Related topics

UMass Struggles With Swimmer’s Death

January 12, 1996 GMT

AMHERST, Mass. (AP) _ The swimming coach choked back tears, trying to sum up the loss of a standout on his team.

One moment, the only member of the swimming and water polo teams to ever earn a full scholarship to the University of Massachusetts was sitting beside coach Russ Yarworth at a meet in New Hampshire. The next, Greg Menton lay on the deck of the pool, apparently suffering a heart attack.

Menton, 20, was pronounced dead about an hour after he collapsed Wednesday at Dartmouth College. Autopsy results were not available Thursday.

The junior from Dundee, Ore., had just finished swimming in two events at a meet in Hanover, N.H. Yarworth remembered Menton joining him on the bench.

``He said, `Oh my God, Russ.′ I thought he was talking about the other swimmers, how slow they were,″ Yarworth said.

The next thing Yarworth knew, Menton lying on the deck.

On Thursday, Yarworth and the rest of the swimming team tried to make sense of the death of a star athlete who had shown no signs of illness.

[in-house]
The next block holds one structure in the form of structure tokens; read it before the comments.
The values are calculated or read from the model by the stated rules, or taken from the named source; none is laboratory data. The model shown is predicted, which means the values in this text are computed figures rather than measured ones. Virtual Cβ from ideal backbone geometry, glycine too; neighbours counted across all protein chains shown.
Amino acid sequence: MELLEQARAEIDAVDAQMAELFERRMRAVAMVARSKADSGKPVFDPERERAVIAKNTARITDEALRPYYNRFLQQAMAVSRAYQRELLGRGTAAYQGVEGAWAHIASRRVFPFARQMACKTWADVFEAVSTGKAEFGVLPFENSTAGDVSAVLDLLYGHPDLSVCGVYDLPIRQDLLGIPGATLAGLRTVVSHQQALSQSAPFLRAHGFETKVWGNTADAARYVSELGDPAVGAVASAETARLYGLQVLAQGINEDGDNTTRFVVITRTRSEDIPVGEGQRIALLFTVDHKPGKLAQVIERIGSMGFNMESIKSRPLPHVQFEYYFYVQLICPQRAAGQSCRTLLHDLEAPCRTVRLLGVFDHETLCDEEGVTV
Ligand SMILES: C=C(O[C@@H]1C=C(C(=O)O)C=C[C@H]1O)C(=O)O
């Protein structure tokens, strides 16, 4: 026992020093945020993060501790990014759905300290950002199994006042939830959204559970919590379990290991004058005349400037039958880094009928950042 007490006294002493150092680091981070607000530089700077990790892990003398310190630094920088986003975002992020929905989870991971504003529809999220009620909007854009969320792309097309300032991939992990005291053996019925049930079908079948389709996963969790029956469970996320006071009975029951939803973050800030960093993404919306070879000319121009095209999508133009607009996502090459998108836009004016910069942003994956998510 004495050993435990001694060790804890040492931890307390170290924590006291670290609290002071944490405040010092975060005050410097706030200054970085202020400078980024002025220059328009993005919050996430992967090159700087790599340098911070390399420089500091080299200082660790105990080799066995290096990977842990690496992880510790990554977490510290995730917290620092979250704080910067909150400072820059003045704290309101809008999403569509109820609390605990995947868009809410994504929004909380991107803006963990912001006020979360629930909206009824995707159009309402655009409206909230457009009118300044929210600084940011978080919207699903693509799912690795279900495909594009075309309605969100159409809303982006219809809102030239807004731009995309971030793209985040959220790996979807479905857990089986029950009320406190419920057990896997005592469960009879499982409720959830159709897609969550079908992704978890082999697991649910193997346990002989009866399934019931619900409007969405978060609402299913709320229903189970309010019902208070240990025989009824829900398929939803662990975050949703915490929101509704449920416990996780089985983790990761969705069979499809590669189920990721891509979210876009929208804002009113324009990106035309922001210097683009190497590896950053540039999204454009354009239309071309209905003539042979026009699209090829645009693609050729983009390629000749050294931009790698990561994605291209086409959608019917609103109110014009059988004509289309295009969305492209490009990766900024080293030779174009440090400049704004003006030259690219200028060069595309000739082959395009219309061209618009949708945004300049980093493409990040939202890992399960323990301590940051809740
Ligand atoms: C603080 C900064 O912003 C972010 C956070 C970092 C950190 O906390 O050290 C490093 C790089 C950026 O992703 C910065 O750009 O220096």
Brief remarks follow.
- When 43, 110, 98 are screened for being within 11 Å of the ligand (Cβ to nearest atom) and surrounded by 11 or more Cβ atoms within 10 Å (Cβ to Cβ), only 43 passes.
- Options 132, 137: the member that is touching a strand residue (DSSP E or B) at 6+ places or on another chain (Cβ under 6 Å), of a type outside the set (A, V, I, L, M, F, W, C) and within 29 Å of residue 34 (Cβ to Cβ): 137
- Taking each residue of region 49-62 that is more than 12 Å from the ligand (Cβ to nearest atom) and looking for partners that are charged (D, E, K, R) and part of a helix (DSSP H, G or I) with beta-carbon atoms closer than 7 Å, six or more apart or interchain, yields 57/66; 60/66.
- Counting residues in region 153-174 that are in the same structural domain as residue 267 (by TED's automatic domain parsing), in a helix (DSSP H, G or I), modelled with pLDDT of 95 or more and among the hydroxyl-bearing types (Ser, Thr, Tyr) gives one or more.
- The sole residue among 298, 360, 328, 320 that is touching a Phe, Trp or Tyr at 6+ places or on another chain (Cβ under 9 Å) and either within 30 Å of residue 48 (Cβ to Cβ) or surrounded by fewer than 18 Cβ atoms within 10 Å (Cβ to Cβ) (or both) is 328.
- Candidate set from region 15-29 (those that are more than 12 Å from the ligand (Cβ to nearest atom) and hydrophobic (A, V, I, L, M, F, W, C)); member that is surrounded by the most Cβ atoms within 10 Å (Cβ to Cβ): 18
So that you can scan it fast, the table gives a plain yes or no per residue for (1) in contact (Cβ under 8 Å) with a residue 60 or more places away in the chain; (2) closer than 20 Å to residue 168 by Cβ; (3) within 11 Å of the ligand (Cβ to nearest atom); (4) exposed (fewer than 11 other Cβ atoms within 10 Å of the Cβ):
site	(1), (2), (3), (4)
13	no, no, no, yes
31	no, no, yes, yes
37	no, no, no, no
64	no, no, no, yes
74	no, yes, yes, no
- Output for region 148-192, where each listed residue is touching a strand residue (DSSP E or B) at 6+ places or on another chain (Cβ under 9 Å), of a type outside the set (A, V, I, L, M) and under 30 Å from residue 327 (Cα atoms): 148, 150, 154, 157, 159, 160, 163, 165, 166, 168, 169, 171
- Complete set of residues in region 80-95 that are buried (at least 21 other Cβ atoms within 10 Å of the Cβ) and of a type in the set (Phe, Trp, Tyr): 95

``The world has lost a great person. It’s so strange that 24 hours ago I was sitting, joking, laughing with one of my friends. Now, today he’s gone,″ team co-captain Jeff Little said Thursday.

Team physician Dr. Daniel Clapp said he gave Menton three annual physicals, most recently on Aug. 19, and had never detected a hint of any heart trouble.

``He had successfully competed in a vigorous water polo season and had several top performances in swimming meets already this year. There was no reason to believe this incident would occur,″ Clapp said.

Menton was ``the epitome of what a student-athlete should represent,″ Yarworth said.

``Greg was a goal-oriented athlete. He wanted to become one of the few athletes in the nation to qualify for two different NCAA championships,″ Yarworth said.

Menton held UMass school records in the 100-yard backstroke (51.38) and the 100-yard butterfly (50.14). He swam the anchor leg of the 200-yard medley relay (1:33.71), which broke the school record at the 1995 Atlantic 10 Championships.

As a member of the university’s water polo team, which this fall reached the final four for the squad’s highest finish ever, Menton set the school record for the most steals in a season (63) and had 40 goals and 29 assists.

Menton was majoring in sports management and was named to the 1994-95 UMass Athletic Director’s Honor Roll for academic achievement.